Sermon 698. Seeing Is Not Believing, But Believing Is Seeing

DELIVERED ON SUNDAY MORNING, JULY 1, 1866, BY C. H. SPURGEON, AT CORNWALL ROAD CHAPEL, BAYSWATER.

"Whom having not seen you love. Though now you do not see Him, yet believing, you rejoice with joy inexpressible and fullof glory, receiving the end of your faith, even the salvation of your souls."

1 Peter 1:8,9.

A VERY formidable difficulty frequently besets earnest but uninstructed minds who are seeking the Savior. They do not findit difficult to believe that Jesus is the Son of God, that He is a Savior, that He is mighty to save-their difficulty liesin getting at Him. They believe that themedicine will cure, but their question is, how shall they drink it? They are convinced that a touch of the hem of the Savior'sgarment would heal their diseases, but their question is how to touch. By what means shall they be brought into contact withChrist and a Savior become theSavior of their souls? The constant aim of the Gospel ministry should be to remove such difficulties as these out of theway of coming souls, and we shall try this morning, as God shall help us, to lift out that stone and fill up that miry placein the king's highway that some maytoday be enabled to come to Jesus-understanding what that coming means-and exercising it before they leave this house.

It is very common to meet with persons who say, "I wish that I had heard the Savior-actually heard Him speak. If I could havelistened to that matchless eloquence of which it is written, 'Never man spoke like this Man,' I should have been convinced,melted, led to penitence and inspired withfaith. I wish I could have heard Him pronounce those words, 'Come unto Me, all you that labor and are heavy laden, and Iwill give you rest.' I would have leaped from among the crowd, and I would have cried, 'Master, I come! Your invitation drawsme! Here I am, a heavy-laden sinner,give me rest.' "

You have also wished that you had been able literally to touch Him-to have put your finger into the print of the nails-andto have thrust your hand into His side. It seems to you that then you could have believed. If you might have been privilegedwith even the touch of the woman whodid but touch the hem of His garment, much more if you might have been privileged to lean your head upon His bosom withJohn, you would then have believed, you think, as a matter of course, and there would have been no sort of difficulty in theway of your salvation. You havesighed, "Oh that I could have heard, have touched, and have seen Him! These would have been three pearly gates through whichI might have come at Him. I could have reached Him then, if I might but have exercised my senses upon His blessed Person."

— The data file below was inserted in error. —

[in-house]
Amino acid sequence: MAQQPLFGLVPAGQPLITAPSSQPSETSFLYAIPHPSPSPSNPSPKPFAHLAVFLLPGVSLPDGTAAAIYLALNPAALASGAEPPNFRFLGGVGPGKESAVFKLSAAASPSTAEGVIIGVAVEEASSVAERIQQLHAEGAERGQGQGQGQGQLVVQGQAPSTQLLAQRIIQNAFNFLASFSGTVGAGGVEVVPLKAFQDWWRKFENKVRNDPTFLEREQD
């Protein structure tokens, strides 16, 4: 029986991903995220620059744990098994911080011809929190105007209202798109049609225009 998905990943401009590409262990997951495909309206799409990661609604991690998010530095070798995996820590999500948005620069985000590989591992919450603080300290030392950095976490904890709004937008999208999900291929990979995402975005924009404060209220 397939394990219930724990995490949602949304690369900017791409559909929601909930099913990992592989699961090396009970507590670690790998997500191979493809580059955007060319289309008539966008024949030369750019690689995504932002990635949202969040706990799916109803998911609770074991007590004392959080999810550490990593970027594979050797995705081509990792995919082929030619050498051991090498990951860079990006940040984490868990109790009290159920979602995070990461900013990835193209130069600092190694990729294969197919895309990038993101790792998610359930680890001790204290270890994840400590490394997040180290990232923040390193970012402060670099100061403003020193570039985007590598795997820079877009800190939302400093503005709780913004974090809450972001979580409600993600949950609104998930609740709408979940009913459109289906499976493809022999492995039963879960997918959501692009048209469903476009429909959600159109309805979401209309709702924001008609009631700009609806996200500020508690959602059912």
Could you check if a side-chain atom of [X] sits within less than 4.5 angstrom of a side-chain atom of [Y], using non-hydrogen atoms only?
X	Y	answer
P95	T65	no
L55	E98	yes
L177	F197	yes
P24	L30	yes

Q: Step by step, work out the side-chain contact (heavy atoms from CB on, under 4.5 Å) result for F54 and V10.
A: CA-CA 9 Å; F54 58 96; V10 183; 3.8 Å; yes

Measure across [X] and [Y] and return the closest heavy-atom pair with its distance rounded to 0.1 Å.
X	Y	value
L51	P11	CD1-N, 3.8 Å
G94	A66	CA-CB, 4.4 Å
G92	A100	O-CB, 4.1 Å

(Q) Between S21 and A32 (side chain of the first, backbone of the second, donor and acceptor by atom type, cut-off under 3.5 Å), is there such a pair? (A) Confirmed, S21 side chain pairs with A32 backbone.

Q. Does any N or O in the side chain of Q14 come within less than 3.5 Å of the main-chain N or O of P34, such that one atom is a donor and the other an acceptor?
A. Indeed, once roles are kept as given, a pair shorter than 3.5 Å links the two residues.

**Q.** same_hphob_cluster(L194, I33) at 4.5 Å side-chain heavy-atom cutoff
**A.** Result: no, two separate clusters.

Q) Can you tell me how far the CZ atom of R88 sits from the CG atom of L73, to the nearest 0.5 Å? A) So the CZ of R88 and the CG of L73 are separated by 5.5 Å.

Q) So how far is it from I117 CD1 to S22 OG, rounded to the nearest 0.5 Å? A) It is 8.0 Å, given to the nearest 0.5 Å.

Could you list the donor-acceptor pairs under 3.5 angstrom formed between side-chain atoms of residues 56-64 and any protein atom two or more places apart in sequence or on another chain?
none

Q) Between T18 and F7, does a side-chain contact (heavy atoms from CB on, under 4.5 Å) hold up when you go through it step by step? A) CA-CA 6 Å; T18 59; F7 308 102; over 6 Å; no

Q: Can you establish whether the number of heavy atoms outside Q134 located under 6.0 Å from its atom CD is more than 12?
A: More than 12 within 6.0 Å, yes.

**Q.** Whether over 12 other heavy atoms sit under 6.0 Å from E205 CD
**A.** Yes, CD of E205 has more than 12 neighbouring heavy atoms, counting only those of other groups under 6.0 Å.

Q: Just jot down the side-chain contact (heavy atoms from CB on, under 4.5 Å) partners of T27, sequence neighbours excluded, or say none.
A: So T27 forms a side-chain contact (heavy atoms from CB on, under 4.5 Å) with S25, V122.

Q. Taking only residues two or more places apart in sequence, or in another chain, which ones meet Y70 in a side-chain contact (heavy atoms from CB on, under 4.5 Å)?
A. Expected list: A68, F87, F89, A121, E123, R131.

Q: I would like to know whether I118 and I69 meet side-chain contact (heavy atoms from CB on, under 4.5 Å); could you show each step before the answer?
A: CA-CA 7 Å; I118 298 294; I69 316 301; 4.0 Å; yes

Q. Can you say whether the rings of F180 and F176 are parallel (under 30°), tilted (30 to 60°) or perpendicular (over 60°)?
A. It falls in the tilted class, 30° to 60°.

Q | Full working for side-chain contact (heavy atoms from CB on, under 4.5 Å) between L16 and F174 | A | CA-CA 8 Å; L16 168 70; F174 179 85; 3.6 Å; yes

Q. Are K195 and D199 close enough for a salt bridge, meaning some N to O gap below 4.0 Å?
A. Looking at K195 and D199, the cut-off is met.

Your soul has lingered over the thought of seeing Him. You have especially wondered whether it would have been possible tohave seen Him upon Tabor with His garments glistening whiter than any fuller could have made them, and yet not have believed!You have thought it impossible! You have said, "IfI could have been among the disciples in the garden of Gethsemane to have seen the bloody sweat and marked the tokens ofthe drops of blood on the frosty ground. And if I could, with tearful eyes have seen Him at the scourging and the spitting.If I could have wondered and wept withMary at the foot of the Cross and seen the blood drop from His hands and feet, I should then have been saved! It would havebeen easy to believe if there had been something to see."

At first sight, indeed, this is a very plausible statement and seems as if there must be truth in it. But believe me, my dearHearer, there is none at all! And I may say of the Savior very much what Abraham said of Lazarus, You have the Gospels andthe Epistles, and you have the abiding Presence ofthe Holy Spirit. And if you believe not, neither would you have believed if you had been among the company who saw Jesus,touched Him and listened to His voice. It is a mistake, a great mistake-as I think a moment's reflection would show you-toconceive that contact withJesus through the senses would produce faith.

Mark the fact that out of the mass who did see Jesus, and who did hear Him, few, very few believed. The crowd which gatheredround the Crucifixion, which might seem to be the most moving scene in the story, were not bettered by what they saw. As themultitude gazed, instead of tears they yieldedlaughter! Instead of penitence they exhibited blasphemy! There they gathered, thousands of them of all sorts, the highestand the lowest, the intelligent and the uneducated, and all alike they spat the venom of their hatred upon the Crucified One.They cried, "If He is the Son ofGod, let Him come down from the Cross." Seeing was not believing, but disbelieving and hating!